The argument of Mr. Vedantachari is that the. moment the lots were cast, the partition was complete and that the preparation of the lists regarding the specific items that were allotted to each sharer was only a record of the partition already completed by the casting of the lots and, therefore, these lists of partition are not instruments of partition whereby the property was divided in severally between the co-owners within the, meaning of Section 2, Clause (15) of the Indian Stamp Act. It is not possible to accept this argument for the reason that the preparation of the lists of partition specifying the items which fell to each sharer is part of the process of dividing the properties in several-ty, between the co-owners. It may be noted that admittedly these lists were prepared even before the lots are cast between the co-owners. As and when one list of partition fell to the share of a particular co-owner, it was noted therein that the items as per the list fell to that co-owner. So that it follows that the-exclusive right of that particular co-owner to the items specified in that list is created by the preparation and the signing of that list by the co-owners. Thus, the book containing the lists of partition is an instrument whereby the co-owners of the property divided the property in severally and is liable to stamp duty under Article 45 of the Schedule 1 to the Indian Stamp Act.
4. Mr. Vedantachari, the learned Counsel relied upon the decision of the Full Bench of the Madras High Court in Referred Case No. 5 of 1883 : ILR 7 Mad 385. There the document in question contained a recital that a certain property had, on partition, been allotted for the maintenance of parents and also referred to the particulars of property, which had, on partition, fallen to the share of one of the brothers. The Full Bench held that the document itself did not operate to release the joint interests of the other parties to the partition and create a soie interest in the person whose share it records. This decision has no application to the facts of the present case. But we may refer to the decision in Ganpat Kriparam v. Supdu Kri-param, ILR 32 Bom 509. In that case, four undivided brothers made four lists of family property and each list was signed by three brothers and not by the fourth, who retained it and the question that arose for decision was whether the lists constituted a partition between the brothers and required to be stamped as such under the Stamp Act. It was held that the four documents formed, when read together, an instrument of partition within the meaning of Section 2, Clause (15) of the Indian Stamp Act. Scott, Chief Justice held that:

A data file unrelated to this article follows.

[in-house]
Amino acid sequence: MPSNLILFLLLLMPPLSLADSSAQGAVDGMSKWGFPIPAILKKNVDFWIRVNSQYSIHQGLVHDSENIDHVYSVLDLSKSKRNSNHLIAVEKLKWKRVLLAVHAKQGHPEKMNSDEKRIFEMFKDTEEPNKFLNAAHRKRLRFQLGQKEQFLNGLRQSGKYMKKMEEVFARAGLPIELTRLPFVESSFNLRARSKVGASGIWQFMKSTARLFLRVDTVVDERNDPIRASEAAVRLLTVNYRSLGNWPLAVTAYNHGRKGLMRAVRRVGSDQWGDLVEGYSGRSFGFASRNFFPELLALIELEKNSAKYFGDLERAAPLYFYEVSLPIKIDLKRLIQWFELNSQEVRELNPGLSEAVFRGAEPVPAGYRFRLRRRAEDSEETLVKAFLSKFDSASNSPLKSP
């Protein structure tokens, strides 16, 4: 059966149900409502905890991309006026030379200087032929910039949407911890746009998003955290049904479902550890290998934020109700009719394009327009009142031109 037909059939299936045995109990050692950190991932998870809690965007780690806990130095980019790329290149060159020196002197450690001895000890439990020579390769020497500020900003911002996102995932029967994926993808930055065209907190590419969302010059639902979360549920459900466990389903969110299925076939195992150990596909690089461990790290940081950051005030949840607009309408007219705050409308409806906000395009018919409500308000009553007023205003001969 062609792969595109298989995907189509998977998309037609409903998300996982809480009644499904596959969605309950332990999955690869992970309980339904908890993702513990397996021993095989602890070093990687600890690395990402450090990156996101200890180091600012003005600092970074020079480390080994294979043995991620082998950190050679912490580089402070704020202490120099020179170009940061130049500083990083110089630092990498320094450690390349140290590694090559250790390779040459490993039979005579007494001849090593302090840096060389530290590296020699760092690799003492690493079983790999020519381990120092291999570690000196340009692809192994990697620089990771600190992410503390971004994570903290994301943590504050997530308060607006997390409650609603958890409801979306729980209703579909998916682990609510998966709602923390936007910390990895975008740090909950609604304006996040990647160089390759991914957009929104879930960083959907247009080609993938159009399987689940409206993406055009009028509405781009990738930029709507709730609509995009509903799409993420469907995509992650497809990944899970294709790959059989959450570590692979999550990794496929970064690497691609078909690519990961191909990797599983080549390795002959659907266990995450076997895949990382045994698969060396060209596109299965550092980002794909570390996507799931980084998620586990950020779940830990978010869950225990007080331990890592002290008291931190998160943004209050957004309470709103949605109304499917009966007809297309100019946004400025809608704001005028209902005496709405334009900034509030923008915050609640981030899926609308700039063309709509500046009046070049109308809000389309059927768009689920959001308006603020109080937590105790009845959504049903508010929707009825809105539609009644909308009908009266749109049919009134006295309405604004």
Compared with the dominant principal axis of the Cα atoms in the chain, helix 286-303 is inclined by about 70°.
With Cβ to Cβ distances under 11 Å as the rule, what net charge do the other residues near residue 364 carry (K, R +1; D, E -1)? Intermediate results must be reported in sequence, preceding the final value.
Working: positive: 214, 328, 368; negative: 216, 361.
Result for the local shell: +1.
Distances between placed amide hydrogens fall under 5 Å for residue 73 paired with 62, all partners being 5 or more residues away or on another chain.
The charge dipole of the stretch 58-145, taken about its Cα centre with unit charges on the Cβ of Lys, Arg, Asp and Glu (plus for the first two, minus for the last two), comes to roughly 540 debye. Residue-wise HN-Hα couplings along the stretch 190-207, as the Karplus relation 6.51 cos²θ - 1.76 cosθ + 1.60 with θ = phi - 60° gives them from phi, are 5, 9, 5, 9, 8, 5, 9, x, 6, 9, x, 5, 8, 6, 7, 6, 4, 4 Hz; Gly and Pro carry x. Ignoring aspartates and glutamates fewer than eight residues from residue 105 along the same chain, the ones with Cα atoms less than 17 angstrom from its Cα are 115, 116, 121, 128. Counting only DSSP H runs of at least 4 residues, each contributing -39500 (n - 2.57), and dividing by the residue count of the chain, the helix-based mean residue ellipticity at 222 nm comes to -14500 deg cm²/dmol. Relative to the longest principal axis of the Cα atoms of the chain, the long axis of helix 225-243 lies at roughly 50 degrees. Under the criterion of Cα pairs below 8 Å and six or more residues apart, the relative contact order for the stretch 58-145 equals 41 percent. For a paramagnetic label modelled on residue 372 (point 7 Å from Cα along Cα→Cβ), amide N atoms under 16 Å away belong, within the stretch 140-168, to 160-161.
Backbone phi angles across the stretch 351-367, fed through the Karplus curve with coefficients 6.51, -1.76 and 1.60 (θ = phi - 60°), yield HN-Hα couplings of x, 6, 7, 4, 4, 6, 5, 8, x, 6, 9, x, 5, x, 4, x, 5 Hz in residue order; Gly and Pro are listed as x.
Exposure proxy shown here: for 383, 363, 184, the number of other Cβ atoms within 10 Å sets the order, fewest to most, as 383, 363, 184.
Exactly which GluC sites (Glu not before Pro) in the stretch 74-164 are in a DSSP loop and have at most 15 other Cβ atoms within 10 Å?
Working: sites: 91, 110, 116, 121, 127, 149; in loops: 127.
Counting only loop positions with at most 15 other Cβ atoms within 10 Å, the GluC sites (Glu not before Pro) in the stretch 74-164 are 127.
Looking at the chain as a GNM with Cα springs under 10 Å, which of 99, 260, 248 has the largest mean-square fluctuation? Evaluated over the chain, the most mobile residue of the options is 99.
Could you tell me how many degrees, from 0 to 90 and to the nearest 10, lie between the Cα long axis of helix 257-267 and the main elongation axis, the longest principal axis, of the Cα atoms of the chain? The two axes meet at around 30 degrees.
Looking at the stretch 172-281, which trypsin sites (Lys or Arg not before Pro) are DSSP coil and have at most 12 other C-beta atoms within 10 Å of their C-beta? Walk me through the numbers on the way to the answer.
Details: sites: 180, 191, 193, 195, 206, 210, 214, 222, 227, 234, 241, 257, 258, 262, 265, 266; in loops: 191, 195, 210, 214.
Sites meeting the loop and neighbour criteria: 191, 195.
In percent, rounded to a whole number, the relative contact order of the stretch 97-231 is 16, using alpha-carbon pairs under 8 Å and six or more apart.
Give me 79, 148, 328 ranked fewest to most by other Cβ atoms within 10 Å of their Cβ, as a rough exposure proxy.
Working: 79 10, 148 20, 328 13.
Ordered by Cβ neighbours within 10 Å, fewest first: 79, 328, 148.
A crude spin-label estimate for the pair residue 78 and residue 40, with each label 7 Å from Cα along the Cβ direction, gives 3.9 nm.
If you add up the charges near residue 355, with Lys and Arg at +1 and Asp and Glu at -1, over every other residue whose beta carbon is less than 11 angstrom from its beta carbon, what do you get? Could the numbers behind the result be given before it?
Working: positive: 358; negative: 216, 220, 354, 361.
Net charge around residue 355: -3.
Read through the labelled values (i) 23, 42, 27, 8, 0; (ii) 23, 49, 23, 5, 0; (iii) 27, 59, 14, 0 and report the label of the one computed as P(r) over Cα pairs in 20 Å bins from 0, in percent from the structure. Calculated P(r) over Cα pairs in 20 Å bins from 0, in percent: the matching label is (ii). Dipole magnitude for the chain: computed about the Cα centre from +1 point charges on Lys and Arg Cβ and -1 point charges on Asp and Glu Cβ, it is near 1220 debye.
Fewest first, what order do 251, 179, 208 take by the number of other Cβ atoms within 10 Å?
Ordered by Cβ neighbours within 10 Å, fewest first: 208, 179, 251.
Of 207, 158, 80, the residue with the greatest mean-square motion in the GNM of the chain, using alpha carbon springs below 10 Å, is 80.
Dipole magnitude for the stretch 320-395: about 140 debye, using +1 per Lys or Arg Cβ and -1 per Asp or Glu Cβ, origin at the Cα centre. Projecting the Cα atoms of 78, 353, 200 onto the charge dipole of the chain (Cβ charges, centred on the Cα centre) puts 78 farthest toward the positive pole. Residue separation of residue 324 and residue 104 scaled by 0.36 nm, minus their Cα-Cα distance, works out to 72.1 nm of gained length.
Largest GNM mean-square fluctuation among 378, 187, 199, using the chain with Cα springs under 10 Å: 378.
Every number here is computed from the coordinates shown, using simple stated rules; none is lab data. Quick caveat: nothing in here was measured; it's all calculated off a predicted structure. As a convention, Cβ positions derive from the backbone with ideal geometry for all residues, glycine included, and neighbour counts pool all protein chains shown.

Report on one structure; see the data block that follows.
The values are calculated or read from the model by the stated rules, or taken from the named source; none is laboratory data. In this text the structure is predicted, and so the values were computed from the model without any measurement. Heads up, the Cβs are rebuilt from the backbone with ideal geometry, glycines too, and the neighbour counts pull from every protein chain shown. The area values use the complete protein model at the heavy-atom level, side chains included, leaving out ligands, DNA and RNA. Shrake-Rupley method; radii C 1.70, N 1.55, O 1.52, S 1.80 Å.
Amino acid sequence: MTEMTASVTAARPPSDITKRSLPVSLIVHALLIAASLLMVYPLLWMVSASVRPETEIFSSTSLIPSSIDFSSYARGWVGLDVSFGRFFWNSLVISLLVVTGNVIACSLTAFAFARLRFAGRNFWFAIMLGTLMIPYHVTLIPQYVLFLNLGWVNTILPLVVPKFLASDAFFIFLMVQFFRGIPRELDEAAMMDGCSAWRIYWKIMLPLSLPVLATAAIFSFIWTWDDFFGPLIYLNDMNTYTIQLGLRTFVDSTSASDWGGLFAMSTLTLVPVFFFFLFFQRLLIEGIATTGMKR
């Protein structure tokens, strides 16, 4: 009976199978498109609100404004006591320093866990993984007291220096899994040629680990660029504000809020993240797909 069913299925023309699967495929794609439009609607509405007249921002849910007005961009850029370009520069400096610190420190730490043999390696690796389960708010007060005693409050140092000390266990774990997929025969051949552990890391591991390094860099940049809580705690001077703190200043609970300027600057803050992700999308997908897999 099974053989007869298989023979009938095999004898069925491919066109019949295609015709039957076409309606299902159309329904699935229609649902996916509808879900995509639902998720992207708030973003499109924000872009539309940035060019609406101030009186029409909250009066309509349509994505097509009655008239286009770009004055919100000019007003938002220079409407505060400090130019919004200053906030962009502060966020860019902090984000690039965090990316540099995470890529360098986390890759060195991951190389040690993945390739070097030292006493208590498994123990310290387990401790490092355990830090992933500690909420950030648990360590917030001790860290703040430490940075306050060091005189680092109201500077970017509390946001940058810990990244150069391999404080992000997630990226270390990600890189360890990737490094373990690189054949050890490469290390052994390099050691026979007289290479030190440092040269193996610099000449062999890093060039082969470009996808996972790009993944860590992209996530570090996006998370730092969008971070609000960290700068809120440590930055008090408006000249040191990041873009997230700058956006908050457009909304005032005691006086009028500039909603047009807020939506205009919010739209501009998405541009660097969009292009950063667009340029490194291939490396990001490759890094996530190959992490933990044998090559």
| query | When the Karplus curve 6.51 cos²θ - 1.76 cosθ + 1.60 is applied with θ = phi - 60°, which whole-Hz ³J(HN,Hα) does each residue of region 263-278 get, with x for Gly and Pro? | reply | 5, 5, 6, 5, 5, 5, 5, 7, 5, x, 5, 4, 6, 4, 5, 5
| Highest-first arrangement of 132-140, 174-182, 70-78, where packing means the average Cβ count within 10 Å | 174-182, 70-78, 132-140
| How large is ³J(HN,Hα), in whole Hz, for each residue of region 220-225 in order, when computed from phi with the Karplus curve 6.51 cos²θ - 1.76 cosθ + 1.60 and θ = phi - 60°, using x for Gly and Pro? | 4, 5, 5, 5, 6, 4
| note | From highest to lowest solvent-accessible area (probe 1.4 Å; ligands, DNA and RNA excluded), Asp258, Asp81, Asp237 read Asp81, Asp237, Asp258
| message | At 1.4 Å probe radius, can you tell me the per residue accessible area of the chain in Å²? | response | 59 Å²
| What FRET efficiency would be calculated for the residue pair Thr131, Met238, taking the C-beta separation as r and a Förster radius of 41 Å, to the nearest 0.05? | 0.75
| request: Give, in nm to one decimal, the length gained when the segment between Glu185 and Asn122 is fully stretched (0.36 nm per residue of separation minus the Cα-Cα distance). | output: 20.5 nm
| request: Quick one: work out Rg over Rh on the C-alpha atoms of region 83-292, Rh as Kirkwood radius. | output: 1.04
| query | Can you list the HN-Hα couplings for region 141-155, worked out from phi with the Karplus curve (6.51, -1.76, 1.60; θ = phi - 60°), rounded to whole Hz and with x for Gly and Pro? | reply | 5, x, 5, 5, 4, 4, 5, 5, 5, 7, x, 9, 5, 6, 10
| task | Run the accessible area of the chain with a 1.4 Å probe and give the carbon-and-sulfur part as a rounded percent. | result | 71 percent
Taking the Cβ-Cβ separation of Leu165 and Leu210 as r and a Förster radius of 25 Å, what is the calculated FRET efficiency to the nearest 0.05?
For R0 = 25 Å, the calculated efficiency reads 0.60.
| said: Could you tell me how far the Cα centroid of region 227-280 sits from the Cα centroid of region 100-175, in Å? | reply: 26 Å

'Each document forms the title of the brother retaining it against his three brothers with regard to the property which comes to his share upon the partition effected .....'
This applies equally to the cases before us. Therefore, the answer to the first question is that the lists are instruments of partition within the meaning of Section 2, Clause (15) of the Indian Stamp Act and are therefore liable to stamp duty and penalty.
5. Then, the next question is : What is the basis of levying the stamp duty. The Board of Revenue itself held that for the purpose of stamp duty with respect to the agricultural lands involved in the partition, stamp duty should be charged at not more than five times the annual revenue and not on the market value. This view is not questioned before us.
6. The facts in R. C. No. 33/59 and the ques-. tion that arises for decision therein are similar to those in R. C. No. 32/59. The answers to those questions are the same.
7. One other point raised by Mr. Vedanta-chari is that certain decrees obtained by the family and some outstandings to recover which suits are pending are not divided between the sharers in severally and that they cannot be taken into account in determining the stamp duty. This is a matter which is to be brought to the notice of the Board of Revenue and to be considered by it. The petitioners may therefore urge this before the Board of Revenue.
8. At the same time, we may point out that the failure to affix the proper stamp to the lists in question is obviously due to an honest and bona fide belief that they did not require to be stamped under the Stamp Act and was not due to any fraudulent intent to defraud the Government of the stamp duty. Therefore, the penalty of Rs. 31-515/-in the one case and a penalty of Rs. 9,937-8-0 in the other appears to be highly excessive. The Board of Revenue may consider the qaestion of reducing the penalty imposed.
9. The petitioners shall pay the costs of the respondent. Advocate's fee Rs. 125/- in each case.